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Last edited by David Soul Sep 4, 2008 WaltLeeMemoryLane

Down Memory Lane - Walt Lee
Down Memory Lane Articles - by Stan Shillington



All outstanding entities enjoy greatness and longevity when, at their inception, the organization is given a solid foundation on which to build the future.

When Ed Bayley folded his Bluebirds lacrosse franchise and joined Bill Calder and Les Dickinson to established the Vancouver Burrards club in 1937, one of the first players he signed was his Bluebirds' netminder Walt Lee.

That bright decision established a tradition of stability that has sustained the lacrosse club throughout its 70 years of life.

All-star goaltanders such as Jack Green, Stan Joseph, Don Hamilton and Dave Evans have all followed, but Walt Lee was the cornerstone that set out the tradition.

Reporter Jim Kearney once wrote: "Veteran Walt Lee, No. 1 firehall's gift to the Burrard lacrosse team, was a good deal hotter at the Forum last night than any blaze he ever attended as a smoke-eater." Writer Jack Richards observed: "To say that the portly gentleman in blue was terrific would be an understatement of the rankest sort -- he was so hot that the paint almost peeled off the goalposts."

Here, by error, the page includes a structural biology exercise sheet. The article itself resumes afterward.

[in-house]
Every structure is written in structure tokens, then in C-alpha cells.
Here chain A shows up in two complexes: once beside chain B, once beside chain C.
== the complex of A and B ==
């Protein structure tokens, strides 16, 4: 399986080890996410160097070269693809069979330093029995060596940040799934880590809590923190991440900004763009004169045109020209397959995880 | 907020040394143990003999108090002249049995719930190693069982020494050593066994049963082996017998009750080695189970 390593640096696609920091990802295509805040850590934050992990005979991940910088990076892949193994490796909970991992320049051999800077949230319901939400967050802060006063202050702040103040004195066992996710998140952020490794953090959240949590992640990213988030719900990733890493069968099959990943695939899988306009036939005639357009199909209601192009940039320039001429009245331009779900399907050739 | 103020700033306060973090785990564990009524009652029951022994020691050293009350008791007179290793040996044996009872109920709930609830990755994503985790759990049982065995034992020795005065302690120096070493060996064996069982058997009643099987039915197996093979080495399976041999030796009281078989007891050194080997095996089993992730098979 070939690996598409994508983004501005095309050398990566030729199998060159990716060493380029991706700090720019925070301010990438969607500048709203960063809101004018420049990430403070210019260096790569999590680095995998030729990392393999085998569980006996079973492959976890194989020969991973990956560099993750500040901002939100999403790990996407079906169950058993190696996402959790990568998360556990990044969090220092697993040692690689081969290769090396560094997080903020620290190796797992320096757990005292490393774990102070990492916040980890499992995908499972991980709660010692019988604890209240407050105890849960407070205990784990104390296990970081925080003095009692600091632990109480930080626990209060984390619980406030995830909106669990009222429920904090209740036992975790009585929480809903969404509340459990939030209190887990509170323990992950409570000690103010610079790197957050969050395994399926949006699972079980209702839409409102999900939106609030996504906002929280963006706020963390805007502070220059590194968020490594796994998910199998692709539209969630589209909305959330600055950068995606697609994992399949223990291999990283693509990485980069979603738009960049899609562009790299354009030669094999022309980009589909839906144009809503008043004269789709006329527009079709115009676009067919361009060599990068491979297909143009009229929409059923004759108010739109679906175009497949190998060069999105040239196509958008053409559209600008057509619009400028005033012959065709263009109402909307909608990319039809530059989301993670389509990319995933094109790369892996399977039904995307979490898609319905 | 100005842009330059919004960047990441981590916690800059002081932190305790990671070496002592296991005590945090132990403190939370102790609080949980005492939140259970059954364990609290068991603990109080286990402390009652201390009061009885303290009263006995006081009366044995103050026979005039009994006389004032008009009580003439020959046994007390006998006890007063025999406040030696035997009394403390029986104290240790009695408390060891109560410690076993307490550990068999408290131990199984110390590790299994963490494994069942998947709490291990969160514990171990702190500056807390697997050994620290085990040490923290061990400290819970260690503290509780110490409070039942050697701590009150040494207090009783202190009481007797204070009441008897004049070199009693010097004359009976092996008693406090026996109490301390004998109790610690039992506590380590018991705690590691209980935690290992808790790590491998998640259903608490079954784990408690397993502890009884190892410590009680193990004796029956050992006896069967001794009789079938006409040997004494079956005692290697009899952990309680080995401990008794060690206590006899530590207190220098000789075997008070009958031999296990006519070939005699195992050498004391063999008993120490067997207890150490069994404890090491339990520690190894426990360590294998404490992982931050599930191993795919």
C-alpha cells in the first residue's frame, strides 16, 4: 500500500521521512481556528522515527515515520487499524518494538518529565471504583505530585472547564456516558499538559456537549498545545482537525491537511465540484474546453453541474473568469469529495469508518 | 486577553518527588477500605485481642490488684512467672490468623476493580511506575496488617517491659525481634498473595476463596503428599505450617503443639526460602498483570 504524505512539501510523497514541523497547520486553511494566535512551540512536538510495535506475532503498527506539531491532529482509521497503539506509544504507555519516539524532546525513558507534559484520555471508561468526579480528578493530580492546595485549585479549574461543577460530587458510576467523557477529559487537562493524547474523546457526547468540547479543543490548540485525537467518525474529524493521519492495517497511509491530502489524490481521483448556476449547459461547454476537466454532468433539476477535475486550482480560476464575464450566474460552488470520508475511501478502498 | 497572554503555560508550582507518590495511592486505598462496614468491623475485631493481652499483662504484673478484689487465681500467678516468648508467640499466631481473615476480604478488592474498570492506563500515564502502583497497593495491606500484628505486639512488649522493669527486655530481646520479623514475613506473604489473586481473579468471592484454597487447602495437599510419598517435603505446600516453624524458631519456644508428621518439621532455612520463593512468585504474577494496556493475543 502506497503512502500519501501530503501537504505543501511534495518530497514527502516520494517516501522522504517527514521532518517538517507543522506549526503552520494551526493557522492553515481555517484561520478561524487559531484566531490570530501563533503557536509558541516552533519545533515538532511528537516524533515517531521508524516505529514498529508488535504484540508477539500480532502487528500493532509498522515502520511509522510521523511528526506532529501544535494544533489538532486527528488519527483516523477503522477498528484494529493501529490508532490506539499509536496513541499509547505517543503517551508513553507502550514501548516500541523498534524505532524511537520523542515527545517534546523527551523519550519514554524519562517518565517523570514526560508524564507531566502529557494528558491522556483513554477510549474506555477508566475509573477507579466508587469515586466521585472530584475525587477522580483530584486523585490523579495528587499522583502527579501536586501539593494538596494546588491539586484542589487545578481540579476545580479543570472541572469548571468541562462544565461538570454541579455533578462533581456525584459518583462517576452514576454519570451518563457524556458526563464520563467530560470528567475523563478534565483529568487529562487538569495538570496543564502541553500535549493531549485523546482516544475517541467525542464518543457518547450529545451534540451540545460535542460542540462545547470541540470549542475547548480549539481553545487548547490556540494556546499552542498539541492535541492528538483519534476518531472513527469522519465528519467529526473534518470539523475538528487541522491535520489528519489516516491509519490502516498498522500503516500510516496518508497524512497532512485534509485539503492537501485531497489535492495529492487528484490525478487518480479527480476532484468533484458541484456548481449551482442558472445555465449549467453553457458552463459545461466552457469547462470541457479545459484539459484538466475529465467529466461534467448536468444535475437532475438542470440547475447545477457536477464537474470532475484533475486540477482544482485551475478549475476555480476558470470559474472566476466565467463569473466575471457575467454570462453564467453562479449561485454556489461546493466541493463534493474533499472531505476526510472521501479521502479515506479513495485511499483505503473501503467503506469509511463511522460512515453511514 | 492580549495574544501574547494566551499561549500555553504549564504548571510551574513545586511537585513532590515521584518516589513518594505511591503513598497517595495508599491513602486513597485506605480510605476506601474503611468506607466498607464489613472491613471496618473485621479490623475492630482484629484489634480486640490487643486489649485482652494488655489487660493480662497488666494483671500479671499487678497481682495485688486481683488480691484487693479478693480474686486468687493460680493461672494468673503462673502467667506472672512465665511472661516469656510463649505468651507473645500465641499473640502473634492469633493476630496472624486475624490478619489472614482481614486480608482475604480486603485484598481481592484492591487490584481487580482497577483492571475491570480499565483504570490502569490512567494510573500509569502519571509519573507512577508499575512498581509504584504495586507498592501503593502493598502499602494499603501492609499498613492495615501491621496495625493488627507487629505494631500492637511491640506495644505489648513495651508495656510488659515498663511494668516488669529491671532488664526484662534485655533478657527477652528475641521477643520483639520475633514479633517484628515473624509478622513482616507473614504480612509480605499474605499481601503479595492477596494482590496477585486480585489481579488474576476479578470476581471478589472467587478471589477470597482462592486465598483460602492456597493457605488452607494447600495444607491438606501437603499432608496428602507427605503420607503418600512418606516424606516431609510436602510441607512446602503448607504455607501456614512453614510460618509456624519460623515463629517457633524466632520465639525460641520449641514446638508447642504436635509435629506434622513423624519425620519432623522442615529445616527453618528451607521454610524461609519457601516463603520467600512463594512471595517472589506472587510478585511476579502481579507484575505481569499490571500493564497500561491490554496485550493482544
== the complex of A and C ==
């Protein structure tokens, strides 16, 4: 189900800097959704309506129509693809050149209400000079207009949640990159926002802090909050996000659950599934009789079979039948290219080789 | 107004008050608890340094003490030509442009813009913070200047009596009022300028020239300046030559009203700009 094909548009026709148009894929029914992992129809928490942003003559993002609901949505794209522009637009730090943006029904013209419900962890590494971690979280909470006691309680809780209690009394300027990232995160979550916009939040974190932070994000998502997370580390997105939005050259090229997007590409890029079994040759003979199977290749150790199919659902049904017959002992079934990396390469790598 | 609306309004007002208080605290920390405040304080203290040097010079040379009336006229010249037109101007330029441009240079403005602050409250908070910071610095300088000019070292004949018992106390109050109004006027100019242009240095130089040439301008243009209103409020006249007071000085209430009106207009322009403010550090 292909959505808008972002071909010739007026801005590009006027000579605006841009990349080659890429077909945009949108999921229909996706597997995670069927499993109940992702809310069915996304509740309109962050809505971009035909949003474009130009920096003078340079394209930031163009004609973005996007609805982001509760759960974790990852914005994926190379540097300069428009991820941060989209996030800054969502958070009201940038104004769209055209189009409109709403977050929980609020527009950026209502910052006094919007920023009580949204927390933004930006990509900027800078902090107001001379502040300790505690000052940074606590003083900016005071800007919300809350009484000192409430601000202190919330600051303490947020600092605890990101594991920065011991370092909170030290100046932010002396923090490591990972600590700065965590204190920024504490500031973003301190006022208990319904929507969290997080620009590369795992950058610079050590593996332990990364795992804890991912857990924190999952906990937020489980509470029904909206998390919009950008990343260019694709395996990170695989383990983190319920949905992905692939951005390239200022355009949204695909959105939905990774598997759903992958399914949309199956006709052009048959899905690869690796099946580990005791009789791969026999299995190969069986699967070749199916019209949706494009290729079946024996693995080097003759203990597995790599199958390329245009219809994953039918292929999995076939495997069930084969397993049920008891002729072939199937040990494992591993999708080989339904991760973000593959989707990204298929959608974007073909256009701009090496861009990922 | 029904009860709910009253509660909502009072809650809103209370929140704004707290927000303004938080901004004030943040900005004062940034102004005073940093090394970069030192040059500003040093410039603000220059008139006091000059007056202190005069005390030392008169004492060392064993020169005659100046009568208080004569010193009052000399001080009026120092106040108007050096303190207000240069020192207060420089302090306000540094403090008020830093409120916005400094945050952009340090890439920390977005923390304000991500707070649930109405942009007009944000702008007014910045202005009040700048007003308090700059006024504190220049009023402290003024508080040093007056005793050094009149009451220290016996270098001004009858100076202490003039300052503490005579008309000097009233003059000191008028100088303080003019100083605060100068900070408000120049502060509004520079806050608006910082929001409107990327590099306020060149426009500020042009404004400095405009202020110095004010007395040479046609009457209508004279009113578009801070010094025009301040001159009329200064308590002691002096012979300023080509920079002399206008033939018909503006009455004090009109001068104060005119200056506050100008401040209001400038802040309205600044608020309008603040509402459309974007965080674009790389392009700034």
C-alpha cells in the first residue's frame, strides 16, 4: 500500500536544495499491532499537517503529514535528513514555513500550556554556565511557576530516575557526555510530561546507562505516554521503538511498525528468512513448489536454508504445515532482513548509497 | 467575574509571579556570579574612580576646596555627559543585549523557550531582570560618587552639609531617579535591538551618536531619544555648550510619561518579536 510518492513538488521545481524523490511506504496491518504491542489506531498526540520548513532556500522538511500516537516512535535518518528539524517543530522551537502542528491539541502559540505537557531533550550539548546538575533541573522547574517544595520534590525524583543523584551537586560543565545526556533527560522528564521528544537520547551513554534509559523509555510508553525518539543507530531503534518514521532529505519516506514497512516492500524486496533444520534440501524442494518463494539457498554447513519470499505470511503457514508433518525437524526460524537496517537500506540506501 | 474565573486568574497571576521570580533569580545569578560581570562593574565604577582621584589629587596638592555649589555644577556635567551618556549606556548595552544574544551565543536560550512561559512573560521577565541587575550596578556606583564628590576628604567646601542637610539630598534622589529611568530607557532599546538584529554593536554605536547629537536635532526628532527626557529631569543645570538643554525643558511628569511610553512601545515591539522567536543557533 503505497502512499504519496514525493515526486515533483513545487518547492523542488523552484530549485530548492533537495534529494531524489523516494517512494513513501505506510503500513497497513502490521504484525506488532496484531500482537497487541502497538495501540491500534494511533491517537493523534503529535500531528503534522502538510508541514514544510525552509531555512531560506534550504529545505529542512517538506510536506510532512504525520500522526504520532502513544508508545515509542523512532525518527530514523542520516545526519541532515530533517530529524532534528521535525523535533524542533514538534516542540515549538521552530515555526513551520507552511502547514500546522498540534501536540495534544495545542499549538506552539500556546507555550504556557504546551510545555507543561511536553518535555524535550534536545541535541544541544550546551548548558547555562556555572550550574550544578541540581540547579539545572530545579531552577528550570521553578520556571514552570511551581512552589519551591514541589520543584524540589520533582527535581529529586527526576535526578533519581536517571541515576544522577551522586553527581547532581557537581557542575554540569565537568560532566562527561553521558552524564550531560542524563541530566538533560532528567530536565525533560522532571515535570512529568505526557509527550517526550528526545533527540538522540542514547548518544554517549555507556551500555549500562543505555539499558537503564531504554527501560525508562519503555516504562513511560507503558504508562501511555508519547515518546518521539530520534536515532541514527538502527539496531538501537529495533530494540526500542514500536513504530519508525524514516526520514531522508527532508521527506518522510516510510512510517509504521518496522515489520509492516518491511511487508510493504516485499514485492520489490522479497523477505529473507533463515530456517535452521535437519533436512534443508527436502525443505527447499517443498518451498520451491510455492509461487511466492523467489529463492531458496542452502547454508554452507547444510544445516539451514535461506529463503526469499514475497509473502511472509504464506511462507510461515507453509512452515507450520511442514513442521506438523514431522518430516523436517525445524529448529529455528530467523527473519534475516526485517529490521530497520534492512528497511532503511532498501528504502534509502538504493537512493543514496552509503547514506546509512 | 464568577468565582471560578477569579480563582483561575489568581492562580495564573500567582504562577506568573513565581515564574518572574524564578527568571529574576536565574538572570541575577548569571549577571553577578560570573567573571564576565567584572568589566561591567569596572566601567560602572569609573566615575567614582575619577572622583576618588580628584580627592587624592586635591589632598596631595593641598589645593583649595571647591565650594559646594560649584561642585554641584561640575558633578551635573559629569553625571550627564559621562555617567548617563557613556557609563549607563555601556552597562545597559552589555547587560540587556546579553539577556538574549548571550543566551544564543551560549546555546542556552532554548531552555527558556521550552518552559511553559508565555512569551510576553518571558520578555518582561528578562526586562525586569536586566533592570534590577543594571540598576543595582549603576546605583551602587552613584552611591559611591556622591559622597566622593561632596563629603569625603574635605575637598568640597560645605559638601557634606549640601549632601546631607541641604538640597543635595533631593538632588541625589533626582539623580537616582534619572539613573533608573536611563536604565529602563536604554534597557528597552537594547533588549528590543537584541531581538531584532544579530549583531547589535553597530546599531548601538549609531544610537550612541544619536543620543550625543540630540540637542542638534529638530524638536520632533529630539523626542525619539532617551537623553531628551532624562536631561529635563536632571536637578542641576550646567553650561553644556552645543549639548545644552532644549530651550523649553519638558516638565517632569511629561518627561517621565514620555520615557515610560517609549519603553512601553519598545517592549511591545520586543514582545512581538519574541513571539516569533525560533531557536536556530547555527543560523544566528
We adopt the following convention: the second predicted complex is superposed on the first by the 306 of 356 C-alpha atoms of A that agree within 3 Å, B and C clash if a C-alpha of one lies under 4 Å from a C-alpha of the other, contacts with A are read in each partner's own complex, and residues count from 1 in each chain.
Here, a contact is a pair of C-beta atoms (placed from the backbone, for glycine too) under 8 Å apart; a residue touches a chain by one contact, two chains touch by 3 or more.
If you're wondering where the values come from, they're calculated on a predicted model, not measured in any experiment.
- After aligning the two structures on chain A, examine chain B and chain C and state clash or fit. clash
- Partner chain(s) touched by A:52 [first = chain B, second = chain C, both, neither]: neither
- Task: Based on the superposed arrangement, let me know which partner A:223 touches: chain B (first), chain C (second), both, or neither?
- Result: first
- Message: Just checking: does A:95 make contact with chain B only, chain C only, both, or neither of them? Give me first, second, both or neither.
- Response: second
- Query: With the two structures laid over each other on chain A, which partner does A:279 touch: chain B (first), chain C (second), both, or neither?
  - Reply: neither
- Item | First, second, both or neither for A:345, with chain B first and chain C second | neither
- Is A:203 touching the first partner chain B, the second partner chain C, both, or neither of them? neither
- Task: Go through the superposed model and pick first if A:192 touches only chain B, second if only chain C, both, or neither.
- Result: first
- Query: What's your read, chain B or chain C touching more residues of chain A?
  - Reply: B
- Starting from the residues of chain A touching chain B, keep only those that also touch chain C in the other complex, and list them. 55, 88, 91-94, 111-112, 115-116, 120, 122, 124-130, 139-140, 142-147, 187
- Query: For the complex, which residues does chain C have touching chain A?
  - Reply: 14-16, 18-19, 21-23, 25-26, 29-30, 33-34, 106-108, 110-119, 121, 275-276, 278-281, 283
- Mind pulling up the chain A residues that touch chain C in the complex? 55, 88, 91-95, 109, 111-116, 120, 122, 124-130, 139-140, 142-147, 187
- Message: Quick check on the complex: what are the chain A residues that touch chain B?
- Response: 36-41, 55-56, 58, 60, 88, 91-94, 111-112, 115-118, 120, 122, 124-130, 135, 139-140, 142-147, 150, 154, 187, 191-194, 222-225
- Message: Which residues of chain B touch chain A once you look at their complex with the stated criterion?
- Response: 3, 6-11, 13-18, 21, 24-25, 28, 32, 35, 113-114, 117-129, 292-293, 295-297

During an 18-year, 479-game career (15 years and 406 games with the Burrards), Walt faced an incredible 16,965 shots. Little wonder he announced retirement on several occasions, but always bounced back. Then, before he finally packed away his gear at the age of 38, Walt spent a season tutoring Jack Green on the shooting idiosyncrasies of opposing players.

Walt was considered a gentleman in a violent sport, receiving only 21 minutes in penalties in his 479 games. But he did have his moments! For example, there was the night at the Forum in 1938 when Walt's injudicious actions led to a near riot. Teammate John Dale cracked Indians' Harry Newman over the eye. Walt then fell on the prostate of Newman with both knees in the back.
When peace was finally restored, the sharp-eyed referees, Hugh Gifford and Jack Wood, penalized an innocent Bo Bradford. Perhaps, this was Walt's secret of keeping his penalty total as low as it was. Oh, well, in any case, Walt was the winner of the Maitland Trophy in 1941 for his outstanding play and sportsmanship.

Walt took part in five Canadian championships -- 1940, 1945 and 1951 with Burrards and 1943 and 1944 as a pickup player with Salmonbellies. He was inducted into the Canadian Lacrosse Hall of Fame in 1967.

 


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